Your Beermonger: Christmas Ale Extravaganza!

Editor’s Note: This sponsored column is written by Nick Anderson, beermonger at Arrowine (4508 Lee Highway)

There is a subset of beer fans out there who really, really like Christmas Ales. Cinnamon and nutmeg abound in holiday-themed beers packaged with festive labels that often go out of their way to twist the season. The problem is that far too many Christmas Ales are too heavy with the yuletide spicy cheer. So which holiday beer do you pick for your celebration? Here are some of my favorites:

Schlafly Christmas Ale: The alternative to the more popular spicy Christmas Ales out there. Much the same way as Schlafly’s Pumpkin Ale avoids the trap of going too spicy (which makes it the best out there in my opinion), their Christmas Ale gives you all the holiday spice you need as a secondary player to the excellent beer that those spices happen to appear in. This one never lasts very long, so if you see it jump on it quick.

Sierra Nevada Celebration: A favorite of mine, Celebration bucks the trend by simply being a delightful Fresh Hop Ale rather than a spicy mess. Easy going with punchy, earthy hop aromas and flavors, Celebration is good, popular, and readily available.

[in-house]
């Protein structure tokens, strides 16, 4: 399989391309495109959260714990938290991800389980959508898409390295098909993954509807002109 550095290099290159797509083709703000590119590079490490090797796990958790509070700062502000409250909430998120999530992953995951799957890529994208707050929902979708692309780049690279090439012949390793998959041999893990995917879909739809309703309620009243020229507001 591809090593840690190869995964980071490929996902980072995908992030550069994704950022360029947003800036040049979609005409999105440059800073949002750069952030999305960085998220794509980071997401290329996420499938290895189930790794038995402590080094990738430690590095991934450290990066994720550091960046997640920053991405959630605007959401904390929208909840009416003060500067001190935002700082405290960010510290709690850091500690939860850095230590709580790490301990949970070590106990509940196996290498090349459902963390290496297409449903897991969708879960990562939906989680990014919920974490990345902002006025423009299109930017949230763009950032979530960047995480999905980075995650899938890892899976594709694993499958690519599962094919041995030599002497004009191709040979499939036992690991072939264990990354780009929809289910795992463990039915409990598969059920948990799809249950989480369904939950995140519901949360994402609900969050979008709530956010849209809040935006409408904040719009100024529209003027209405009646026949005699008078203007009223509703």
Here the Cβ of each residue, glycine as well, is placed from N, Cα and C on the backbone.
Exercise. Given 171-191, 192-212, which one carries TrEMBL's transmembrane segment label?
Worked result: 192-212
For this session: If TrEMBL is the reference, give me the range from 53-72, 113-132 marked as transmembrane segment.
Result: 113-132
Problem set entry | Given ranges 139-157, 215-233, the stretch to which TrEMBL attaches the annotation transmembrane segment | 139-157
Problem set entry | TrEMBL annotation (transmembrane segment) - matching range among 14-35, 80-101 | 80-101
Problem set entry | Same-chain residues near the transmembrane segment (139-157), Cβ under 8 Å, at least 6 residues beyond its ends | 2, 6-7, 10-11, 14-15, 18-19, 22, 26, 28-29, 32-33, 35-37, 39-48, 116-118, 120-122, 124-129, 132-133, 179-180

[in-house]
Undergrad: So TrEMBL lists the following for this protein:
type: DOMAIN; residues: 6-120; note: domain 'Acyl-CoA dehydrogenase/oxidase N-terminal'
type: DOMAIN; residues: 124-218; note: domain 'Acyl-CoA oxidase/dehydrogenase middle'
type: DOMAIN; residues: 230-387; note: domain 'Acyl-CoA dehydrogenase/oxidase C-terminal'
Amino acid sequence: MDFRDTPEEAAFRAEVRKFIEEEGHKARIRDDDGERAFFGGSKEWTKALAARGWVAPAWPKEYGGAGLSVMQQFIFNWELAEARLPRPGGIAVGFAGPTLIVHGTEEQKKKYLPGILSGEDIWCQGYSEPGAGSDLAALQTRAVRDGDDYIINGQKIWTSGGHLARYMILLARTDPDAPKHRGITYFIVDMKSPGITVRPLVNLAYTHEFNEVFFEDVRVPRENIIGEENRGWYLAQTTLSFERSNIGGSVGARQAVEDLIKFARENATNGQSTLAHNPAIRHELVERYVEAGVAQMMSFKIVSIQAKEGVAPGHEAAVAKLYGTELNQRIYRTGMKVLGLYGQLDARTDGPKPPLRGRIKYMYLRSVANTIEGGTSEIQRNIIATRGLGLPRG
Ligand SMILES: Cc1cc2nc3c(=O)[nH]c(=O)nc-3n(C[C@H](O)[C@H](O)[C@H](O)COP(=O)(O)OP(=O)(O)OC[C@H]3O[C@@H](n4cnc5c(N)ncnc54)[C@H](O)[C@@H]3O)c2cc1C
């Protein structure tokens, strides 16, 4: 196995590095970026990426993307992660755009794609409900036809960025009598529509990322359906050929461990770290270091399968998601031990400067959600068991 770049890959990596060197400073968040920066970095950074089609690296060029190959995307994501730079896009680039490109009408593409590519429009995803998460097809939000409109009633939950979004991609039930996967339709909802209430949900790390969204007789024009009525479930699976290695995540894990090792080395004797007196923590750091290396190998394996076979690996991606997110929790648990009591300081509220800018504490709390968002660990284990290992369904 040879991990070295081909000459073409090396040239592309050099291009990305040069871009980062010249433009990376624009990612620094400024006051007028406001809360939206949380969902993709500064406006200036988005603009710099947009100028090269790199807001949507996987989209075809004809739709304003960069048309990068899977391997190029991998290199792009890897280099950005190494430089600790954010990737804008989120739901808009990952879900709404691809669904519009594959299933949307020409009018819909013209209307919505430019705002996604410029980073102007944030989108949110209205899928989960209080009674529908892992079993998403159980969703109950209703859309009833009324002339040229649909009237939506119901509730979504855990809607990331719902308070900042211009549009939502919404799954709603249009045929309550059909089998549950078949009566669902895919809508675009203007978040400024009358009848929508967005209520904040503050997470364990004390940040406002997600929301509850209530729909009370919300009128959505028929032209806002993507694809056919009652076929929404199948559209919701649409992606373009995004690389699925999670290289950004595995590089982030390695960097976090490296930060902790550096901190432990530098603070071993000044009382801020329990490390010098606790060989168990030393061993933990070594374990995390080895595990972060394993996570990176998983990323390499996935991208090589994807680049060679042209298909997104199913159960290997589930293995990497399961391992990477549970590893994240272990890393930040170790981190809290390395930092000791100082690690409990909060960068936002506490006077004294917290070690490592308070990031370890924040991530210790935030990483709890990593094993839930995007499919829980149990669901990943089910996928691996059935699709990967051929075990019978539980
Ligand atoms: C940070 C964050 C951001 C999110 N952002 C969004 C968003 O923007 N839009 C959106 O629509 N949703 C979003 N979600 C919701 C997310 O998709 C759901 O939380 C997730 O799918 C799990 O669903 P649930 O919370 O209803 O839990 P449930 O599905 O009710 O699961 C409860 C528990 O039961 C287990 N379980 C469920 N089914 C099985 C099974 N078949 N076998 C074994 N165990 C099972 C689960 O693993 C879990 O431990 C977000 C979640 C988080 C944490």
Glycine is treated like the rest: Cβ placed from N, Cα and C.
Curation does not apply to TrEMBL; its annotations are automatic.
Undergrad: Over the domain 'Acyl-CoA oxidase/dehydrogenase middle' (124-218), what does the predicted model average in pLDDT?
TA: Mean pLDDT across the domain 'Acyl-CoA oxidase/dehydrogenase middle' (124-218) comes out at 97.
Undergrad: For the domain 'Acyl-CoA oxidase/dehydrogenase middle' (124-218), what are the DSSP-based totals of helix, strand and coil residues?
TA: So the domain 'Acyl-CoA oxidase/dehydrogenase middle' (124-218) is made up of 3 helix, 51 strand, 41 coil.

St. Bernardus Christmas Ale: This Belgian treat eschews the medicinal, herby flavors of other Biere de Noel by simply being a delicious, slightly malty Belgian Ale with a strong, clean banana yeasty note from its bottle conditioning.

Troeg’s Mad Elf: A big Barleywine brewed with honey and cherries, Mad Elf is 11% of insanity. Not only delicious, but improves with age.

Devil’s Backbone Long Winter’s Nap: This Virginia brewery’s seasonal release is a rich Blonde Tripelbock whose smoothness belies its 10% ABV. With enough malt, but not so much that it’s too cloying or rich. A real treat.

Port City Tidings: Starting to run low already, so jump on it quick. This holiday offering from Alexandria’s Port City Brewery is a Belgian-style Blonde Ale that uses local Maryland wildflower honey and Virginia wheat. The spices in Tidings aren’t exactly what you’d expect either; there’s cardamom, coriander, grains of paradise, and fresh ginger. This year’s Tidings strikes an even better balance between the richness from the honey and its spices.

There is no shortage of Christmas offerings out there — which ones do you look forward to the most?

Nick Anderson maintains a blog at www.beermonger.net, and can be found on Twitter at @The_Beermonger. Sign up for Arrowine’s money saving email offers and free wine and beer tastings at www.arrowine.com/mailing-list-signup.aspx. The views and opinions expressed in the column are those of the author and do not necessarily reflect the views of ARLnow.com.

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